Woolrich-Pina G.A.,Laboratorio Of Paleontologia Y Geobiologia | Smith G.R.,Denison University | Lemos-Espinal J.A.,National Autonomous University of Mexico | Ramirez-Silva J.P.,Autonomous University of Nayarit
Journal of Thermal Biology | Year: 2015

In lizards, the role of gravid oviparous females in controlling the temperature experienced by developing embryos prior to oviposition has been rarely examined. In particular, relatively little is known about the effect of gravidity on the thermal ecology of female Anolis lizards. Here we examine the thermal ecology of Anolis nebulosus from Nayarit, Mexico, with a particular goal of comparing the thermal ecology of gravid females to that of non-gravid females and males. The thermal efficiency (E) of gravid female A. nebulosus (E=0.782) was higher than in males (E=0.464), and to a lesser extent, non-gravid females (E=0.637), despite no significant differences observed in body, air, operative, or set point temperatures among males, gravid females, and non-gravid females. Gravid females had smaller differences between body temperatures and set point temperatures (db), but did not differ in the difference between operative temperature and set point temperature (de). Gravid females used sun-shade and shaded microhabitats proportionately more than males and non-gravid females, and rarely used sunny microhabitats. Our results suggest that gravid A. nebulosus are using a different and more efficient thermoregulatory strategy than other adults in the population. Such efficient thermoregulation is possibly related to females attempting to provide a thermal environment that is conducive to the development of embryos in eggs prior to oviposition. © 2015 Elsevier Ltd.


Woolrich-Pina G.A.,Laboratorio Of Paleontologia Y Geobiologia | Woolrich-Pina G.A.,National Autonomous University of Mexico | Smith G.R.,Denison University | Lemos-Espinal J.A.,National Autonomous University of Mexico | And 3 more authors.
Acta Biologica Colombiana | Year: 2012

The distribution and abundance of organisms within a pond or lake can reflect the result of a variety of factors. We examined the abundance of the endemic fish, Poblana alchichica, in Lago de Alchichica, Puebla, Mexico, as well as how the abundance varied among months. Dissolved oxygen, temperature, and salinity varied among months. The abundance of Poblana alchichica peaked in December and February. For the months when fish were observed, their abundances were positively related to dissolved oxygen concentration and were generally not related to temperature. Our results provide evidence that there is substantial seasonal variation in the abundances of Poblana alchichica and that within months, their distributions are likely driven by dissolved oxygen than either temperature or salinity.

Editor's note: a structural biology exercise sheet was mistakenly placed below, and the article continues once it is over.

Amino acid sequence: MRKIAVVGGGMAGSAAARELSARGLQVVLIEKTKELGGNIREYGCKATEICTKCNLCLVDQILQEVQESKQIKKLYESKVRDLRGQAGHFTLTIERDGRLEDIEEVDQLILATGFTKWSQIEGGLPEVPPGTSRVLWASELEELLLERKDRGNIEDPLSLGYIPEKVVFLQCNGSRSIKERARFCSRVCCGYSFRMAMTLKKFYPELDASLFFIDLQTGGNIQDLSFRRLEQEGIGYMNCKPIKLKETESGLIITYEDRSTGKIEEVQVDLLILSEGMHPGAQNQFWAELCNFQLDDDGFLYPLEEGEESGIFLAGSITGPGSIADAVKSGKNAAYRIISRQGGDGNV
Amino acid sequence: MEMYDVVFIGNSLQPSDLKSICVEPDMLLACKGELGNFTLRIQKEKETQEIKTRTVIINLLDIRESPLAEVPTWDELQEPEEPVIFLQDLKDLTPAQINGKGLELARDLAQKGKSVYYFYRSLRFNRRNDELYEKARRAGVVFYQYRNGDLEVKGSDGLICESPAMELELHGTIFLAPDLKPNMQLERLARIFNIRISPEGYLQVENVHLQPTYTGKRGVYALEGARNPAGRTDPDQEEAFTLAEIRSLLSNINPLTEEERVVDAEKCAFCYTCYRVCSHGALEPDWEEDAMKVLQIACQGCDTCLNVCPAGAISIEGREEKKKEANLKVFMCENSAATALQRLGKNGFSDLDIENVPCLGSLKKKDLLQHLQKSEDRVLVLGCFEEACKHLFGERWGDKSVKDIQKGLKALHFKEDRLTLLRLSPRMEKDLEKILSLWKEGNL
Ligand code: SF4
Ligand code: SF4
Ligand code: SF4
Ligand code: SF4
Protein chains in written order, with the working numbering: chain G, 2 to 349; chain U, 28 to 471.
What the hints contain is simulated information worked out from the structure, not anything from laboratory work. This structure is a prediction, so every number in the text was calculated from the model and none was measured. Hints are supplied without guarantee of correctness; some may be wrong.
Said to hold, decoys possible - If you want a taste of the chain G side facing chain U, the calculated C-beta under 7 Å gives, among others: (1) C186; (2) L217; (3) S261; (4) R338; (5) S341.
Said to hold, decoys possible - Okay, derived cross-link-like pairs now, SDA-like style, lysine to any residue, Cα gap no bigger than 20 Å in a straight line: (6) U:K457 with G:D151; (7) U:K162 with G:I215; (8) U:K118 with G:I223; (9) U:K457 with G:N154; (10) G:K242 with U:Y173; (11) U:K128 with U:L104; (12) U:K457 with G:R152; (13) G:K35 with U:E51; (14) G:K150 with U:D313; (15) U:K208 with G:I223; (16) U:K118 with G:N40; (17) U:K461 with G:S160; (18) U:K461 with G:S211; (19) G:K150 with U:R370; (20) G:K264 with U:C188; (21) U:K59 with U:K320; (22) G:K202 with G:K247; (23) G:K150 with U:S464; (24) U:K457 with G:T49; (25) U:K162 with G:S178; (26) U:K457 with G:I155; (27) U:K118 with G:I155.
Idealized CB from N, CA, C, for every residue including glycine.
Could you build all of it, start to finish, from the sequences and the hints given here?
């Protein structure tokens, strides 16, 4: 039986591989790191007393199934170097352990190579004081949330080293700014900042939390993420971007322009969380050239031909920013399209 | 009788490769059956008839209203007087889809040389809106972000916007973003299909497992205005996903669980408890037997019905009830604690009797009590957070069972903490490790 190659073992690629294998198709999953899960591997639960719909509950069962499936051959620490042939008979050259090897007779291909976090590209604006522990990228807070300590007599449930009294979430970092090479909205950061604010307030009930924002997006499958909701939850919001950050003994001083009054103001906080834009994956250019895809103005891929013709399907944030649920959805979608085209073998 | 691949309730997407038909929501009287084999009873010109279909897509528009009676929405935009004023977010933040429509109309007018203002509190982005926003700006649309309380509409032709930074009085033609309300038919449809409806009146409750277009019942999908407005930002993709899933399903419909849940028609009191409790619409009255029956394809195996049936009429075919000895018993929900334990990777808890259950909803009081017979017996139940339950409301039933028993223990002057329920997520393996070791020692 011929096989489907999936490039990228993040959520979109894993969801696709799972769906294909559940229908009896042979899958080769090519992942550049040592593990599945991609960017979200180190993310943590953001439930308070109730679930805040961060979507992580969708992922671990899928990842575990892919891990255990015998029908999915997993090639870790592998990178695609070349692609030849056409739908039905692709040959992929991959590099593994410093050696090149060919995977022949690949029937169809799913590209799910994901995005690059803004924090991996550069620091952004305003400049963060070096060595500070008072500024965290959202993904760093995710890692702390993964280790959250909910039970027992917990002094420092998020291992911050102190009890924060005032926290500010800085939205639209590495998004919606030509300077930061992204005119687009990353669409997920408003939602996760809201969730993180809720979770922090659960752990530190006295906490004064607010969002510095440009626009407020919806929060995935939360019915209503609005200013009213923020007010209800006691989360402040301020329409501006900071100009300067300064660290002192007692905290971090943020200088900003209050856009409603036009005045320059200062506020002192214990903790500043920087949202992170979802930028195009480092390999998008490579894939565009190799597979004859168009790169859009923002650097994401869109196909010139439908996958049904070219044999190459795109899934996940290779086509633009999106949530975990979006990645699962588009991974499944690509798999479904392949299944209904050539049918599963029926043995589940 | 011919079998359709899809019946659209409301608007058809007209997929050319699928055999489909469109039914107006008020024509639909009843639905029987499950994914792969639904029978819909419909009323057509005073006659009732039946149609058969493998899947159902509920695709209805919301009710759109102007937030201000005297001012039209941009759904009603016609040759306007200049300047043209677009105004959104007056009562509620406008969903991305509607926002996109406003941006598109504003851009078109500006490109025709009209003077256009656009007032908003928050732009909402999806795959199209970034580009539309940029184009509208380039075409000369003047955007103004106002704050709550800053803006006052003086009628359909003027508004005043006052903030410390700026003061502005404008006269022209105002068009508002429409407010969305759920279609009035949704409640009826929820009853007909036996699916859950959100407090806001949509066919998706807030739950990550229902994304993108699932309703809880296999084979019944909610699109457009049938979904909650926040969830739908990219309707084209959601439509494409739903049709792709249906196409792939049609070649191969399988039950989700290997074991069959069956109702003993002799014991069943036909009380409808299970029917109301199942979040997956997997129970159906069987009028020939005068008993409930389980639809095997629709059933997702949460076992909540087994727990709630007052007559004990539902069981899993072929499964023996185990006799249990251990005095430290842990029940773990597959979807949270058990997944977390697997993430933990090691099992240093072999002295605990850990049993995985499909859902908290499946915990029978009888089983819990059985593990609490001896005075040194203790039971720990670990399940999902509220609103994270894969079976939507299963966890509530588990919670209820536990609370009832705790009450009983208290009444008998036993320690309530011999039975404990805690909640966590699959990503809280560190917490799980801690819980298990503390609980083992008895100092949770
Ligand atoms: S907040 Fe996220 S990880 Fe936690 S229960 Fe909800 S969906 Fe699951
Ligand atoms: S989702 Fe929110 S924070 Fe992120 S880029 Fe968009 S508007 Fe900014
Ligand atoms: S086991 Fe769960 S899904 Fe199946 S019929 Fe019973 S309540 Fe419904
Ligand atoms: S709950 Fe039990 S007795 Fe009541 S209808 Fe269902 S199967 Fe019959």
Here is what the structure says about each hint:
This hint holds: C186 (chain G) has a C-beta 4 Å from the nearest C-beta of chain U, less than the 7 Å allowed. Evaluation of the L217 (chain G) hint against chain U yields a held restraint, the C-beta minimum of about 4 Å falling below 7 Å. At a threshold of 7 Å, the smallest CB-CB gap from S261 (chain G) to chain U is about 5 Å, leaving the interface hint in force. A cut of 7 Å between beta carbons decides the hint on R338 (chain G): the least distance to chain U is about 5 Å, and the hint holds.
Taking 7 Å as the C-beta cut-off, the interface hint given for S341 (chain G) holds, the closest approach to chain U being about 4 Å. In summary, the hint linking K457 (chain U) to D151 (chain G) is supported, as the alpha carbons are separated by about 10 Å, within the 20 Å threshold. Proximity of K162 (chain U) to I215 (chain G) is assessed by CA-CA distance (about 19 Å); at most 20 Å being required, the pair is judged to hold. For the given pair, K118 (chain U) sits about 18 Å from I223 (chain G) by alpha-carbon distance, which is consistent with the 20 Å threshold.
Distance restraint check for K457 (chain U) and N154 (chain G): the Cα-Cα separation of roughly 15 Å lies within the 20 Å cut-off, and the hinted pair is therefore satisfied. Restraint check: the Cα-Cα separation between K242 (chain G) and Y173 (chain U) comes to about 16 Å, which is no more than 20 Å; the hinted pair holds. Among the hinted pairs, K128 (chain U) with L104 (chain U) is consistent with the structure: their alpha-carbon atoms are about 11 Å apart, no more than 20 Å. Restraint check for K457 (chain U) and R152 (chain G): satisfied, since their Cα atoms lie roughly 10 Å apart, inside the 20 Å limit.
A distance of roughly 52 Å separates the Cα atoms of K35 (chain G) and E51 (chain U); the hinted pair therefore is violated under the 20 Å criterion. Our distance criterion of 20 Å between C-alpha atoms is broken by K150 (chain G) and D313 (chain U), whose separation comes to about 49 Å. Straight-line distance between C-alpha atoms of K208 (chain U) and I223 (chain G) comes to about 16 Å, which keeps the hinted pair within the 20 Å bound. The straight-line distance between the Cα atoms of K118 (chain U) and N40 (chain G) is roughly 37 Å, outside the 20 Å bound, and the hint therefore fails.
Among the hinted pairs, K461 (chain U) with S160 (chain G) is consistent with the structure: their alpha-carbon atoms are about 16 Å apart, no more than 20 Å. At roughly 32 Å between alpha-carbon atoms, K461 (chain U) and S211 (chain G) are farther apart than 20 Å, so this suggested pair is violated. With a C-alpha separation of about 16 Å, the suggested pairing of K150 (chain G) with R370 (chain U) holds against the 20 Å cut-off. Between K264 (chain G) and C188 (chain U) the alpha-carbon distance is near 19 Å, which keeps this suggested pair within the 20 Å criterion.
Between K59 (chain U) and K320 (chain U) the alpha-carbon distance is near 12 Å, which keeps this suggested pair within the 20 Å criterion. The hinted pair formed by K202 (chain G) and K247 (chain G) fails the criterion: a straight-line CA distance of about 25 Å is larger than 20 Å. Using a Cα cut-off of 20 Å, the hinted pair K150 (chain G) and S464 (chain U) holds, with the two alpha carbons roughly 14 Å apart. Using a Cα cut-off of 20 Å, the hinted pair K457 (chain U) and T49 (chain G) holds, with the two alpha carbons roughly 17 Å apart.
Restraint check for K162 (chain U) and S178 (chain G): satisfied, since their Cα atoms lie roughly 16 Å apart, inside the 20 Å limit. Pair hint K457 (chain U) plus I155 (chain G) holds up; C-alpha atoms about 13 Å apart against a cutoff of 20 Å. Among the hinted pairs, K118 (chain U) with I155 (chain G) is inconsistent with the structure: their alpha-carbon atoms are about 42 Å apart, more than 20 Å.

PubMed | Autonomous University of Nayarit, National Autonomous University of Mexico, Laboratorio Of Paleontologia Y Geobiologia and Denison University
Type: | Journal: Journal of thermal biology | Year: 2015

In lizards, the role of gravid oviparous females in controlling the temperature experienced by developing embryos prior to oviposition has been rarely examined. In particular, relatively little is known about the effect of gravidity on the thermal ecology of female Anolis lizards. Here we examine the thermal ecology of Anolis nebulosus from Nayarit, Mexico, with a particular goal of comparing the thermal ecology of gravid females to that of non-gravid females and males. The thermal efficiency (E) of gravid female A. nebulosus (E=0.782) was higher than in males (E=0.464), and to a lesser extent, non-gravid females (E=0.637), despite no significant differences observed in body, air, operative, or set point temperatures among males, gravid females, and non-gravid females. Gravid females had smaller differences between body temperatures and set point temperatures (db), but did not differ in the difference between operative temperature and set point temperature (de). Gravid females used sun-shade and shaded microhabitats proportionately more than males and non-gravid females, and rarely used sunny microhabitats. Our results suggest that gravid A. nebulosus are using a different and more efficient thermoregulatory strategy than other adults in the population. Such efficient thermoregulation is possibly related to females attempting to provide a thermal environment that is conducive to the development of embryos in eggs prior to oviposition.